President Donald Trump prays during the National Prayer Breakfast event in Washington, D.C.Carlos Barria / Reuters

Today in 5 Lines

During his address at the National Prayer Breakfast, President Trump promised to “get rid of and totally destroy” the Johnson Amendment, a rule that prohibits some tax-exempt organizations from endorsing or opposing political candidates. On Twitter, Trump threatened to cut federal funding to the University of California at Berkeley after campus protests prevented Milo Yiannopoulos, a Breitbart editor, from delivering a scheduled speech on Wednesday. Senator John McCain said in a statement that he had called Australia’s ambassador to the United States, Joe Hockey, to express an “unwavering support for the U.S.-Australia alliance.” Senate committees advanced Scott Pruitt, Trump’s nominee to head the Environmental Protection Agency, and Representative Mick Mulvaney, his pick to helm the Office of Management and Budget, to a full Senate vote. The U.S. House voted to roll back an Obama-era regulation that extended background checks for gun purchases by some Social Security recipients with mental disabilities.


Today on The Atlantic

  • The New Exceptional: Donald Trump, writes Peter Beinart, is redefining American exceptionalism: “While Obama said that what sets America apart is its inclusivity, Trump and his advisors say that what sets America apart is its sovereignty.”

  • ‘Red State, Blue City’: Americans are sorting themselves into groups based on similar socioeconomic backgrounds and politics, and, as a result, are “coming to resemble two countries, one rural and one urban.” But, David A. Graham asks: What happens when the two go to war?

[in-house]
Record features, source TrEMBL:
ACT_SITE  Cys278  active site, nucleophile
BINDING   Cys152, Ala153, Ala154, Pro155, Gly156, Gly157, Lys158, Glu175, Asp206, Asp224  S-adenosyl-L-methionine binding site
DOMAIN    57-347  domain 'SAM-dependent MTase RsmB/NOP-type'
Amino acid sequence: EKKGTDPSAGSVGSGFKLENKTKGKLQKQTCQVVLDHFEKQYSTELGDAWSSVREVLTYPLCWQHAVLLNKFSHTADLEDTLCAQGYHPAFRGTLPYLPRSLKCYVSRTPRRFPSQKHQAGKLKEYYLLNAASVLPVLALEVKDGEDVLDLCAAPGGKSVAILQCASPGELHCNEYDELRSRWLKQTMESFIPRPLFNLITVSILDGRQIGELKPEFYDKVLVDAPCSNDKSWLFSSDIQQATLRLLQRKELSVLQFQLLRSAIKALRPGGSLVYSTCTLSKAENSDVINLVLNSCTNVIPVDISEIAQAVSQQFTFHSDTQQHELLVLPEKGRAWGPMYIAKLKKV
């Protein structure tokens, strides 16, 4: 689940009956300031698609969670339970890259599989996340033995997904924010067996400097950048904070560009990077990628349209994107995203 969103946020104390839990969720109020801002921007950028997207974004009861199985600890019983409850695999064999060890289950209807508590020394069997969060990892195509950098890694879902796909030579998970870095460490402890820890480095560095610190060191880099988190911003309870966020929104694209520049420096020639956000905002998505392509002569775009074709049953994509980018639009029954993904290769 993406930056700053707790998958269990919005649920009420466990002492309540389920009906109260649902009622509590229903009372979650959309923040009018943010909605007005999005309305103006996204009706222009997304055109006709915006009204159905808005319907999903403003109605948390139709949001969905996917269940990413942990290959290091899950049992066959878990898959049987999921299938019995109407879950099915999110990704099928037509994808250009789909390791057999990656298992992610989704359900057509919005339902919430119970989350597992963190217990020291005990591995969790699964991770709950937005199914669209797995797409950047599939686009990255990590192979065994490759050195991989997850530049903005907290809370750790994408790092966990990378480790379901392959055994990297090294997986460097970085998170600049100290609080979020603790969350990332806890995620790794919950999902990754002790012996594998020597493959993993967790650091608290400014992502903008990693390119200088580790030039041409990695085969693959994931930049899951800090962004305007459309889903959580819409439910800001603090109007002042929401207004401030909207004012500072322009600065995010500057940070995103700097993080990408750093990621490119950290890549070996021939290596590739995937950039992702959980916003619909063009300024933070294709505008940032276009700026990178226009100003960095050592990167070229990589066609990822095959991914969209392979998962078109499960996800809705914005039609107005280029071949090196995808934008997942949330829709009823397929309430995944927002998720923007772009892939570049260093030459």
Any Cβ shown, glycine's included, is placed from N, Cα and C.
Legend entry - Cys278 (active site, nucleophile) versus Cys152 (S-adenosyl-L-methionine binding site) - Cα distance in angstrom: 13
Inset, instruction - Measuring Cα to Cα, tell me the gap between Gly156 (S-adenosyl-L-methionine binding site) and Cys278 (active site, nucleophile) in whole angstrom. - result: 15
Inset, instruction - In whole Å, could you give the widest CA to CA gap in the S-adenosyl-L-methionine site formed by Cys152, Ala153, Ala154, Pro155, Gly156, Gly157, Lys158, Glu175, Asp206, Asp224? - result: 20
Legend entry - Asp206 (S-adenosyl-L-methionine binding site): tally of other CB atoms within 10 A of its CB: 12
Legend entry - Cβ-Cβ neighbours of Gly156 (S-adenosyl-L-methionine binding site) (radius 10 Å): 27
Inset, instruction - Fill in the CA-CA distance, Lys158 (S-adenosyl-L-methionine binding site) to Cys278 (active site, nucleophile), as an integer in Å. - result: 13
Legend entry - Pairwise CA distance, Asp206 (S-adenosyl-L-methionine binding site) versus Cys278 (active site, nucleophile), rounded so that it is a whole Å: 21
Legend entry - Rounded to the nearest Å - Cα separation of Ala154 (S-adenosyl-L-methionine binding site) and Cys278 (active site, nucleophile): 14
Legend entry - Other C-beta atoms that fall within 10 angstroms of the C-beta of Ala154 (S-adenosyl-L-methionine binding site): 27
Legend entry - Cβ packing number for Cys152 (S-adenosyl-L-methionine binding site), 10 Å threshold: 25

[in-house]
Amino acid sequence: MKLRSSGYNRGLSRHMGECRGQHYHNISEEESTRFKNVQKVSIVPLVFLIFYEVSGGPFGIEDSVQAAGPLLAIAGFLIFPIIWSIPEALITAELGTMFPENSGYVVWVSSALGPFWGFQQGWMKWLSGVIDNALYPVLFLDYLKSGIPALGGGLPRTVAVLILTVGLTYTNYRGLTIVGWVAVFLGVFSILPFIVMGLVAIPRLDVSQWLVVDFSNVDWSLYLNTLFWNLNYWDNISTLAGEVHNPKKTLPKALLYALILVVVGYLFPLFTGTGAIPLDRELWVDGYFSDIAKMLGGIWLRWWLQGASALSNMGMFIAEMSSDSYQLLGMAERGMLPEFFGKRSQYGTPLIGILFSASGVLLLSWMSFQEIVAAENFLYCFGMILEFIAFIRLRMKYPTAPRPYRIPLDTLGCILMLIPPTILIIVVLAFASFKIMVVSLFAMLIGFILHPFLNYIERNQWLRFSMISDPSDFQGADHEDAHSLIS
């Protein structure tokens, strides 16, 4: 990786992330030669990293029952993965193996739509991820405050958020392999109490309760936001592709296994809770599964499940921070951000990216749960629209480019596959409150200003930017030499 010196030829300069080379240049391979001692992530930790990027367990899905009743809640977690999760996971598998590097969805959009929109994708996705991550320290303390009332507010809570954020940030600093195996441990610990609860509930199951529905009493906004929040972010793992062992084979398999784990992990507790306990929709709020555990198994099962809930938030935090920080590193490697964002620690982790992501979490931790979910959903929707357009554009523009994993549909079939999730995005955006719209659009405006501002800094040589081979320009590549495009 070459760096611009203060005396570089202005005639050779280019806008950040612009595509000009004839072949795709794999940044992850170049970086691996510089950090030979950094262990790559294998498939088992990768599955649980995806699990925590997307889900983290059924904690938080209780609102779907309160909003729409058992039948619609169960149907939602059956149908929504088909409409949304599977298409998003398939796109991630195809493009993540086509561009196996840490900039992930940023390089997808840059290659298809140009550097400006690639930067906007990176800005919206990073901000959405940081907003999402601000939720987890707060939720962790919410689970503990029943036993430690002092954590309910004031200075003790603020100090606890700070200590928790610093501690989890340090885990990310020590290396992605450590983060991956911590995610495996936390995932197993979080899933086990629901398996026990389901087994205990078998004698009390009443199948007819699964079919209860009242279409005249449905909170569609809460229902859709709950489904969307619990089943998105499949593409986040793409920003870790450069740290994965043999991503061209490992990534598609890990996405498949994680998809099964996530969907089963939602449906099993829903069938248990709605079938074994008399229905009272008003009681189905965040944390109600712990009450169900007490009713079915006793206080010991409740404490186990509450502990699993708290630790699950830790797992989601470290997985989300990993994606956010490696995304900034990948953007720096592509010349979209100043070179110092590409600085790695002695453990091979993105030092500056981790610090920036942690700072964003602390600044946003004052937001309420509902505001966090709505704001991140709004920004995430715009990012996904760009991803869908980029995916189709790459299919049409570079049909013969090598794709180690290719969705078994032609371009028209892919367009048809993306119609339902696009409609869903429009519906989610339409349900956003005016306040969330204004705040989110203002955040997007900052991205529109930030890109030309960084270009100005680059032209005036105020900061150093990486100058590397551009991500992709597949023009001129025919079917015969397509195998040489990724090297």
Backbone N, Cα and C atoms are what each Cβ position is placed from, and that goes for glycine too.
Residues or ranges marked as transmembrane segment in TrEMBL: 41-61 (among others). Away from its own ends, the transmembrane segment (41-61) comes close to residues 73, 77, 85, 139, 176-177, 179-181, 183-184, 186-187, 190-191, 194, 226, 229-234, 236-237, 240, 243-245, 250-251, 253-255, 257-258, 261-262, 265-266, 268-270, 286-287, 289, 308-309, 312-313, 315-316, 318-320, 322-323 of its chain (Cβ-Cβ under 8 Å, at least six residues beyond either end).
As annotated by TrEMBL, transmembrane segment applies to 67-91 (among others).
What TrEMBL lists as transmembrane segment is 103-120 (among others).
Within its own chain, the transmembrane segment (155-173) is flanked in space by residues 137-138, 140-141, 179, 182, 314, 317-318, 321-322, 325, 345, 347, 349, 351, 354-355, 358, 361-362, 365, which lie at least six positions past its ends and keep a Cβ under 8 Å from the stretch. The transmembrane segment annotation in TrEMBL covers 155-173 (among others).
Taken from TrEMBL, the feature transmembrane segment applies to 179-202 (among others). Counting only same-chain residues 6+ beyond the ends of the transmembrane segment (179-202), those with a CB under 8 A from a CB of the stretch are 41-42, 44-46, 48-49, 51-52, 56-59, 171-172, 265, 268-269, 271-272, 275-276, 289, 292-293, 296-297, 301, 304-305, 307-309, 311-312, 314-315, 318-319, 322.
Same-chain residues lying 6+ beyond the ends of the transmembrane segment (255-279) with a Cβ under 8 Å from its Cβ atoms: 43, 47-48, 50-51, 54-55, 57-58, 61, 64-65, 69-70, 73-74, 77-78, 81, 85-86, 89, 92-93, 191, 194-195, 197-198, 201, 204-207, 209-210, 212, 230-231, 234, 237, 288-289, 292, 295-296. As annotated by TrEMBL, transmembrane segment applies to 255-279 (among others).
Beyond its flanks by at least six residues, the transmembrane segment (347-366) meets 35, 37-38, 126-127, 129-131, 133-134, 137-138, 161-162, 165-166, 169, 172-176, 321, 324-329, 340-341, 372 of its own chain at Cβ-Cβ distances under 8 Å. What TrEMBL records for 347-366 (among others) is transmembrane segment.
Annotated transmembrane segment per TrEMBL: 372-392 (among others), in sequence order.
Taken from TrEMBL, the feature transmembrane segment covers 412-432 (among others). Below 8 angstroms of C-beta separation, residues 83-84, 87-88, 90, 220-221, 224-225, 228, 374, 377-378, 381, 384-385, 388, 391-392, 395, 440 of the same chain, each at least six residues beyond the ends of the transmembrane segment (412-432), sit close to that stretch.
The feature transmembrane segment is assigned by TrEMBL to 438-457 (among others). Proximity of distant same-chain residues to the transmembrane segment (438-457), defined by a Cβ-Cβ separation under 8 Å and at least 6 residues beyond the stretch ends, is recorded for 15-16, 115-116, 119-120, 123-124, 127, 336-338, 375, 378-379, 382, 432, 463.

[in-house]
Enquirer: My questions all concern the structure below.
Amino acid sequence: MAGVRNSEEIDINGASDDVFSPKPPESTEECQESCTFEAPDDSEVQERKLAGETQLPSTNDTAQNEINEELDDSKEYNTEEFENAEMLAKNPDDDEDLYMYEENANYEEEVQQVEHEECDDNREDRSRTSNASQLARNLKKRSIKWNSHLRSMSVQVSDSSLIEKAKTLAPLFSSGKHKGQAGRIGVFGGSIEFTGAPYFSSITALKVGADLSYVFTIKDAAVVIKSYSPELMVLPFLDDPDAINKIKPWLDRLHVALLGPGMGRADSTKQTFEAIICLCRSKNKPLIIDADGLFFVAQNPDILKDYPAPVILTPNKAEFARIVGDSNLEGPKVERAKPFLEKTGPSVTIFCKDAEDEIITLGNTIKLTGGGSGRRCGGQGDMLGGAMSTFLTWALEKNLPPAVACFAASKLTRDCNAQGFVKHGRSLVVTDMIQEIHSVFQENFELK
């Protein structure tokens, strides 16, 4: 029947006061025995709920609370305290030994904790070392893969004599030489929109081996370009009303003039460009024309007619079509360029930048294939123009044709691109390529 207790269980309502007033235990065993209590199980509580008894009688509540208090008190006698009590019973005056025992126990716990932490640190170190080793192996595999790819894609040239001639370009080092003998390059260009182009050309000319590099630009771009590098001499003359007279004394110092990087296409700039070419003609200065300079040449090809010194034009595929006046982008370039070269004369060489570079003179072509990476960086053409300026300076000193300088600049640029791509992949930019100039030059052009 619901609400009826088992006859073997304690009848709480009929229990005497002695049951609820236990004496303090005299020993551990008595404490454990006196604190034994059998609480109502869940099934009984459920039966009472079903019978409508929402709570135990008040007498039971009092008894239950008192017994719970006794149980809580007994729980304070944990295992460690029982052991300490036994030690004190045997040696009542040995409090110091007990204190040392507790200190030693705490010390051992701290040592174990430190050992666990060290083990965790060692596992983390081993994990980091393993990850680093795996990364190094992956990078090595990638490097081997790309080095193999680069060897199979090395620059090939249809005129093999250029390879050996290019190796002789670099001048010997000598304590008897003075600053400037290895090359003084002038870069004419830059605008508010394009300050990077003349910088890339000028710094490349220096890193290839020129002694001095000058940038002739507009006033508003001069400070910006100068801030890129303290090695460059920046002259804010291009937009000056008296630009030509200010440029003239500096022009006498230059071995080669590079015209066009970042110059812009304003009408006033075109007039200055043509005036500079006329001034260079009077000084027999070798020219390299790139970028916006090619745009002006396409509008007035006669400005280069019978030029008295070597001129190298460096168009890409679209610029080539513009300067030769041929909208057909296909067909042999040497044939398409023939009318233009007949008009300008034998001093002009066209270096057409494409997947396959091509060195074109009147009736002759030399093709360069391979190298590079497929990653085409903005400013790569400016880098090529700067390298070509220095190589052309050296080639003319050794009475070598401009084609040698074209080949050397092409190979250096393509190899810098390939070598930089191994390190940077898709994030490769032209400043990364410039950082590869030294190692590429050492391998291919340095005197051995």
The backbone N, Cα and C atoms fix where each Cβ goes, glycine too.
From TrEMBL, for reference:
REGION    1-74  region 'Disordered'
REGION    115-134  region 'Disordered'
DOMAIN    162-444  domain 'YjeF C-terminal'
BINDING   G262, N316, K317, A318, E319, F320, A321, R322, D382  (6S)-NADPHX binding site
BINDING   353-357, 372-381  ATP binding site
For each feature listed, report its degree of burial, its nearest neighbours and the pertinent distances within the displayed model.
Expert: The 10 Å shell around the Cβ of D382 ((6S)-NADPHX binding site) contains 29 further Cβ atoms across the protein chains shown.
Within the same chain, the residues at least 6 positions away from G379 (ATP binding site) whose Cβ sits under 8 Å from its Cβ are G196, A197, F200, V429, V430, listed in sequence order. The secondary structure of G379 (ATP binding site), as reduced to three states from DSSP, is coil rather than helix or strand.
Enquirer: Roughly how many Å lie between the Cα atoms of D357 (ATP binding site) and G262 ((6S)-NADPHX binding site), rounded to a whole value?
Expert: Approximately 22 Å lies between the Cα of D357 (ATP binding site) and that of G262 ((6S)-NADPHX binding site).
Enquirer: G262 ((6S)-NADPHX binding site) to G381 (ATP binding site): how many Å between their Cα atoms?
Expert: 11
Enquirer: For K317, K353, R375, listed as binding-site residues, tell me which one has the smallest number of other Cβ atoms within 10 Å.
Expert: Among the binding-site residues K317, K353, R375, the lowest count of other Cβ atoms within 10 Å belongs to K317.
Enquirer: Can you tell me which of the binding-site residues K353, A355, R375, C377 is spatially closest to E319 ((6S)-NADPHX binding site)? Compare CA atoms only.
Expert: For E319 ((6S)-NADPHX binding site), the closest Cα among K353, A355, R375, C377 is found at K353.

• Taking a Gamble: The share of the foreign-born population in most Republican districts is below the national average. But immigrants are increasingly settling in GOP-run, mid-sized cities, which may pose a risk for lawmakers who have not opposed Trump’s immigration proposals and are up for reelection. (Ronald Brownstein)

Follow stories throughout the day with our Politics & Policy portal.


Snapshot

Handler John Griffiths introduces Punxsutawney Phil to the crowd at Gobbler's Knob on the 131st Groundhog Day in Punxsutawney, Pennsylvania. Alan Freed / Reuters


What We’re Reading

A Tense Conversation: President Trump’s phone call with Australian Prime Minister Malcolm Turnbull on Saturday suggests that Trump “is capable of subjecting world leaders, including close allies, to a version of the vitriol he frequently employs against political adversaries and news organizations in speeches and on Twitter.” (Greg Miller and Philip Rucker, The Washington Post)

Keep It on the DL: Some federal employees, who are fearful that the Trump administration might attempt to undermine their agencies’ missions, have adopted methods of encrypted communication to express their dissent and share their views with the public. (Andrew Restuccia, Marianne Levine, and Nahal Toosi, Politico)

The Younger Years: As a law student at Harvard, Trump’s Supreme Court nominee Neil Gorsuch, a conservative, stood out on the predominantly liberal campus. Michael Levenson recounts the judge’s school days and shares how his classmates describe him today. (The Boston Globe)

A Mission in Yemen: Five days into his presidency, Trump approved a raid on the home of an al-Qaeda collaborator in Yemen, but “almost everything that could go wrong did,” resulting in the death of a U.S. Navy SEAL. Here’s what happened. (Eric Schmitt and David E. Sanger, The New York Times)

Building Bridges: Amid staunch political division in the age of Trump “dozens of centrist House Republicans and Democrats are quietly sizing each other up as potential allies in the looming tax and infrastructure fights.” Here’s how. (Billy House, Bloomberg)


Visualized

Where Do They Stand?: Use this tool to find out what your state senators and representatives think about Trump’s executive order suspending refugee admission and severely restricting travelers from seven Muslim-majority countries. (Laurel Wamsley and Brett Neely, NPR)


Question of the Week

On Sunday, the New England Patriots will take on the Atlanta Falcons at Super Bowl 51 in Houston, Texas. If Capitol Hill had its own football team, what would it be named?

Send your answers to hello@theatlantic.com, and our favorites will be featured in Friday’s Politics & Policy Daily.

-Written by Elaine Godfrey (@elainejgodfrey) and Candice Norwood (@cjnorwoodwrites)

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